Webley Mark VI service revolver with battlefield finish: Part 4
by Tom Gaylord
Writing as B.B. Pelletier
This report covers:
- The test
- JSB Exact RS
- Adjusted sight picture
- Why not fix the front sight?
- Sig Match Ballistic Alloy
- Air Arms Falcons
- H&N Finale Match High Speed pellets
- RWS Hobbys
- Next — more sight corrections
Today I test the accuracy of the Webley Mark VI with battlefield finish. I decided to test it with all 5 pellets that were used in the velocity test.
I shot from 10 meters, using a sandbag rest for the butt of the revolver. I held the gun with two hands for a steady hold. I shot 6 pellets at each target and I will describe what happened as we go. Let’s get started.
JSB Exact RS
The first pellet I tested was the JSB Exact RS. The first three shots landed low, with one below the target paper. The group had to come up somehow.
JSB Exact RS pellets hit the target low and left. One of the first three shots hit below the paper. I adjusted my sight picture to shoot the 6 shots shown above. One is in the bull — don’t miss it. This upper group measures 2.682-inches between centers.
Adjusted sight picture
I normally use a 6 o’clock hold when shooting bullseyes. With the Webley that resulted in the three lower shots. So I used a trick from my days shooting Colt Single Action Armys. When they shot low I held the front sight higher in the rear notch and still rested the bull on top of the front post. Look at the drawing below.
What I did was raise the barrel until the top of the wide bottom section of the front sight was level with the top of the rear notch. I can keep this wider base level with the top of the rear notch, but since the wider front sight base fills the rear notch completely. I can’t see anything left and right.
Once the front sight is elevated in the rear notch I then put the bull on top of the front post as always. That raised the strike of the pellet by about 4 inches at 10 meters, but it didn’t do anything about left and right. I continued to shoot the rest of the pellets using this same sight picture — hoping that one or more pellets would strike more to the left. Let’s see.
Why not fix the front sight?
Before we move on, some of you are wondering why I didn’t just file the front post down to raise the strike of the round. I didn’t for one reason — I didn’t want to damage the gun. Remember I said I learned this trick while shooting Colt Single Action Armys? The real ones (not replicas made by European makers) are worth thousands of dollars, and I won’t take a file to them. So, after reading Elmer Keith, I discovered this technique that works pretty well.
Sig Match Ballistic Alloy
Next up were Sig Match Ballistic Alloy pellets. Six of them went into 1.886-inches at 10 meters. That is a lot better than the JSB’s did, though the pellets are still to the right of the bullseye.
Air Arms Falcons
The next pellet I tried was the Falcon from Air Arms. Six of them went into 2.358-inches at 10 meters. They are still hitting to the right of the bull.
H&N Finale Match High Speed pellets
This is the wadcutter pellet that you can’t buy anymore. These weigh only 7 grains, while the current H&N Finale Match Light pellets weigh 7.87 grains. So, wouldn’t you know that they would group the best of all the pellets used, up to this point! Six went into 1.407-inches at 10 meters. One pellet just clipped the edge of the target paper, so I had to measure this group differently. I measured from the far edge of the pellet hole on the left to the near edge of the hole that just clipped the paper. Then I did not subtract a pellet diameter. That gives the same results as if I had measured to the far edge of the right hole and then subtracted one pellet diameter.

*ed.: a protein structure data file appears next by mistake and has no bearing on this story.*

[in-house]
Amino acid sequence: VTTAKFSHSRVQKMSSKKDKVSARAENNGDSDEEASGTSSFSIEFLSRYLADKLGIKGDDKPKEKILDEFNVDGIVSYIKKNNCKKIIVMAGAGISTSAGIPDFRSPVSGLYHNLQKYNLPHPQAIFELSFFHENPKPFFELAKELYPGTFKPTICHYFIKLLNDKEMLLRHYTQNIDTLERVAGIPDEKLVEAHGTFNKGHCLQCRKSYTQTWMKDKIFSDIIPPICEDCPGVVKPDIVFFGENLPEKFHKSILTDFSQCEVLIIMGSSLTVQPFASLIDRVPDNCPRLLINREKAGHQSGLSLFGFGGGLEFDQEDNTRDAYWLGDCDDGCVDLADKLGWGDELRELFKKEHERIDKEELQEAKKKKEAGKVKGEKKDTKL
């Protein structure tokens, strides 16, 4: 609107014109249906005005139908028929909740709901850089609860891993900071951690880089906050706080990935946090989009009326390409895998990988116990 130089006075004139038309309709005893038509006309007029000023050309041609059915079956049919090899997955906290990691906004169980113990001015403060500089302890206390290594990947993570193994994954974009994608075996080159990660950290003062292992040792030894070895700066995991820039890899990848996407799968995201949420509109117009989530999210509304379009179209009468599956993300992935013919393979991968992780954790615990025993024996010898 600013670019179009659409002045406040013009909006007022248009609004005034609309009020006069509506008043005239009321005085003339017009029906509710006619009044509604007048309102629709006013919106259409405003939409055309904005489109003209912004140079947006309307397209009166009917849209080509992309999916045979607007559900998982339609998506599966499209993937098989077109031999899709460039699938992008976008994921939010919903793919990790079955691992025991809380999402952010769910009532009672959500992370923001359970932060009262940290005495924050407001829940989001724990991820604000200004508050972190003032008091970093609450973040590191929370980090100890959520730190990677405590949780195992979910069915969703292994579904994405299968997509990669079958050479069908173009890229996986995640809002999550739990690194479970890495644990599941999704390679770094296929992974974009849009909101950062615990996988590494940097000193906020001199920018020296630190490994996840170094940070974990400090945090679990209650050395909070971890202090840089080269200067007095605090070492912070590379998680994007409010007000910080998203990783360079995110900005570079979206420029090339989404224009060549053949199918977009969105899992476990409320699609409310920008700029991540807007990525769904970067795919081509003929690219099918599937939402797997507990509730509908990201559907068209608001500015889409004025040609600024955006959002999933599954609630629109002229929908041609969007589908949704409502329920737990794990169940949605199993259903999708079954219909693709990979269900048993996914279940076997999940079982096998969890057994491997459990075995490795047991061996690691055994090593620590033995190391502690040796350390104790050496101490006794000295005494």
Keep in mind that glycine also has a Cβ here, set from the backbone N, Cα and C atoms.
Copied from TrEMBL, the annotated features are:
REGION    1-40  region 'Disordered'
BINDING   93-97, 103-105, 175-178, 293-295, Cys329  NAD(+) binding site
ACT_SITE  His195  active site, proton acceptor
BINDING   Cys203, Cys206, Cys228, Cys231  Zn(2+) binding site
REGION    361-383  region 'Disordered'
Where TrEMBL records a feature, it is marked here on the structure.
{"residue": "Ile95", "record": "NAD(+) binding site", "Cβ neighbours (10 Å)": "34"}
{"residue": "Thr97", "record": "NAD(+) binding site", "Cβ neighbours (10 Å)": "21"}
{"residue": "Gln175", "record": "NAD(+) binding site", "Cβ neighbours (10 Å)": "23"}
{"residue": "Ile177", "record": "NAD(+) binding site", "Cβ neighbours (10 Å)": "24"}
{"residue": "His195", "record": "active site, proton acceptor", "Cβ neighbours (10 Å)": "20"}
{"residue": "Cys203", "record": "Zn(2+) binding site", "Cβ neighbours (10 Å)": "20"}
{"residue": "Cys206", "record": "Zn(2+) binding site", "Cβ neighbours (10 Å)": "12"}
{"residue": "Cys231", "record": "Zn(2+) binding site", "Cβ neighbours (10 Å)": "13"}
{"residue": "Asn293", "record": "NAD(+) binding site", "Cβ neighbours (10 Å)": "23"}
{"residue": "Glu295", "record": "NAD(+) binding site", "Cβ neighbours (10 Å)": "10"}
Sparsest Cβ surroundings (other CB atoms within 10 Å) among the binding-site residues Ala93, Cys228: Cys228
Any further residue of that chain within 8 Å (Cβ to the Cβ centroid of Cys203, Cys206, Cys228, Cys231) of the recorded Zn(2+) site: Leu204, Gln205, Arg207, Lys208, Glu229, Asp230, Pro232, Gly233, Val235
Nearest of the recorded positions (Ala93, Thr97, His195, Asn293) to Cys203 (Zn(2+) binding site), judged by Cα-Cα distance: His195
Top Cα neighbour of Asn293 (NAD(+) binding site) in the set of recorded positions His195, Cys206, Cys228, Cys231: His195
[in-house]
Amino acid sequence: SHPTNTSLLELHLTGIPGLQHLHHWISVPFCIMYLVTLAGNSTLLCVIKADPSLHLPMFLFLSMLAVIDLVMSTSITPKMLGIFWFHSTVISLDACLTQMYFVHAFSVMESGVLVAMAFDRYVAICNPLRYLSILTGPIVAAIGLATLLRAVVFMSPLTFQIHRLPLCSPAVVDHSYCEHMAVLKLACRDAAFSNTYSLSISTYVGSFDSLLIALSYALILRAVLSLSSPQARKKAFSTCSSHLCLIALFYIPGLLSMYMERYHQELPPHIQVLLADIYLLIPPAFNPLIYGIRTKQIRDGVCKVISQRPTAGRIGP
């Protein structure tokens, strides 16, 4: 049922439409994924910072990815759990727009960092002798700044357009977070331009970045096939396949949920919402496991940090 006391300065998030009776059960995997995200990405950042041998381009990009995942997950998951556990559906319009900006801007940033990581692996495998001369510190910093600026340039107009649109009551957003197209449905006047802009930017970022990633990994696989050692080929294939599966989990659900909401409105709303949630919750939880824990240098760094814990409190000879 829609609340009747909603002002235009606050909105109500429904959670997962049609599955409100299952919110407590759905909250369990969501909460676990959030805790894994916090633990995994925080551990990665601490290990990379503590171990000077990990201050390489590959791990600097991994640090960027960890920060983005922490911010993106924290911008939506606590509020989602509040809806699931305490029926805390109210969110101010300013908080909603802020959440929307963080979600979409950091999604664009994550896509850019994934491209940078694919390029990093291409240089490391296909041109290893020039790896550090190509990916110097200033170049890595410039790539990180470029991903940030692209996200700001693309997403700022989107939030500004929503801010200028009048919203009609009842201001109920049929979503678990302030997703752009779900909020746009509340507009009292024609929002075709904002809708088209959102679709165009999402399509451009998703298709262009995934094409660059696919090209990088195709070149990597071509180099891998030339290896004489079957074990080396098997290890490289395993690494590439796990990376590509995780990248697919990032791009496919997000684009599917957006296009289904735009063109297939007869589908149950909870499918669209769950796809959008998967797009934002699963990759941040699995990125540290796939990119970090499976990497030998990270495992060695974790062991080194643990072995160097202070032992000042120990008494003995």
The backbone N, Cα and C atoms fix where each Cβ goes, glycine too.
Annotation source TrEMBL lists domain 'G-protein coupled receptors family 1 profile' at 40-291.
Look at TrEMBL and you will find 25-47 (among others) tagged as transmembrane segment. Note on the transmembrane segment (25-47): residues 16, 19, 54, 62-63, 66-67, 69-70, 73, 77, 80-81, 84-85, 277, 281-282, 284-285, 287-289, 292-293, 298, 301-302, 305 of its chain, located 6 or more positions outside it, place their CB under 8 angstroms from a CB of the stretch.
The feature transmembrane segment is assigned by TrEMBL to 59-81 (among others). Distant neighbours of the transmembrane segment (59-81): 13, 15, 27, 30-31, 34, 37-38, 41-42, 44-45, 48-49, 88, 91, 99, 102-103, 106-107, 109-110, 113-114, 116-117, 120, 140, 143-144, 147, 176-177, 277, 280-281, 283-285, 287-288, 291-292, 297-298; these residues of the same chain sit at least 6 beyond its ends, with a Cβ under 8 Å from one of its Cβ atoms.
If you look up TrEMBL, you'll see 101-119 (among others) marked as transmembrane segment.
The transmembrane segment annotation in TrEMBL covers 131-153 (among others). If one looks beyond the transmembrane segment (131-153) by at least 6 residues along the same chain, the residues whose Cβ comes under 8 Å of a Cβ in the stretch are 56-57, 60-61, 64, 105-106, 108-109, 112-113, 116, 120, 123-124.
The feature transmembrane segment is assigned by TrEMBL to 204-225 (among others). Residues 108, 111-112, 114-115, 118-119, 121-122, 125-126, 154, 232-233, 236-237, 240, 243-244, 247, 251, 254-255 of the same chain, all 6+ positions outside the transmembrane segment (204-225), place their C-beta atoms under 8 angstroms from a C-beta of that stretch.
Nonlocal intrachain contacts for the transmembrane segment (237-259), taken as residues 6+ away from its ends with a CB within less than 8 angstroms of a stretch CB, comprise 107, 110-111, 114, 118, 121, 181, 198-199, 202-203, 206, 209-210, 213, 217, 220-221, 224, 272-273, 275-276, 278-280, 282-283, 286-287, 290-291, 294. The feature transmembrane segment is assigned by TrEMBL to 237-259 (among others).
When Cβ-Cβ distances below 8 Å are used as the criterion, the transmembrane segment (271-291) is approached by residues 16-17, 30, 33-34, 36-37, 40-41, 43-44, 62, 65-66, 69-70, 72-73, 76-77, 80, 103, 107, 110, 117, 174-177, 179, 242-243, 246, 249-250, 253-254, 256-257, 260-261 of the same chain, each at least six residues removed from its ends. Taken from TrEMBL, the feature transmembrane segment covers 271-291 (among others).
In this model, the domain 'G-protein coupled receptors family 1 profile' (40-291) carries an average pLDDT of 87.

The final pellet I tested was the RWS Hobby. Six of them went into 1.407-inches at 10 meters. That’s right, this group size is identical to the group made by the Finale Match High Speed pellets. However, given the probable error in measurement, all we really know is that these two pellets are similar in accuracy. This was just a coincidence. But, since this is also the smallest group of the test, it’s nice that it was shot with a pellet that you can buy.
Next — more sight corrections
I had hoped that one or more pellets would group farther to the right, but as you can see, that didn’t happen. Now I wanted to see if I could do something about that by using still a different sight picture.
At first I tried holding all of the sight base all the way to the left of the rear notch. That threw the pellet about 5 inches to the left, which is way too far. Then I tried holding the base so I could see just a sliver of light on the right side of the rear notch. That got me closer to the centerline with the remaining five pellets, but the aiming wasn’t precise as before, plus it was too difficult to do consistently. Five Hobby pellets went into 1.806-inches at 10 meters. After that attempt I stopped, because this was no longer fun.
Ironically, the fixed sights on my Mark VI firearm revolver are dead-on at 15 yards. I guess if I had to choose between the two I would rather have the firearm be the one that’s accurate.
Unfortunately the Webley Mark VI pellet revolver that I’m testing is not that accurate. And the sights are off, as well. It would be hard to hit a soda can at 25 feet unless you learned the gun very well. The good news, though, is it shoots best with the cheapest pellets.
From a realism standpoint, this one is a winner. I was very impressed by the effort that was made to copy all the details of the firearm.
It’s not going to be my favorite shooter, but I will probably keep it for the realism, alone.
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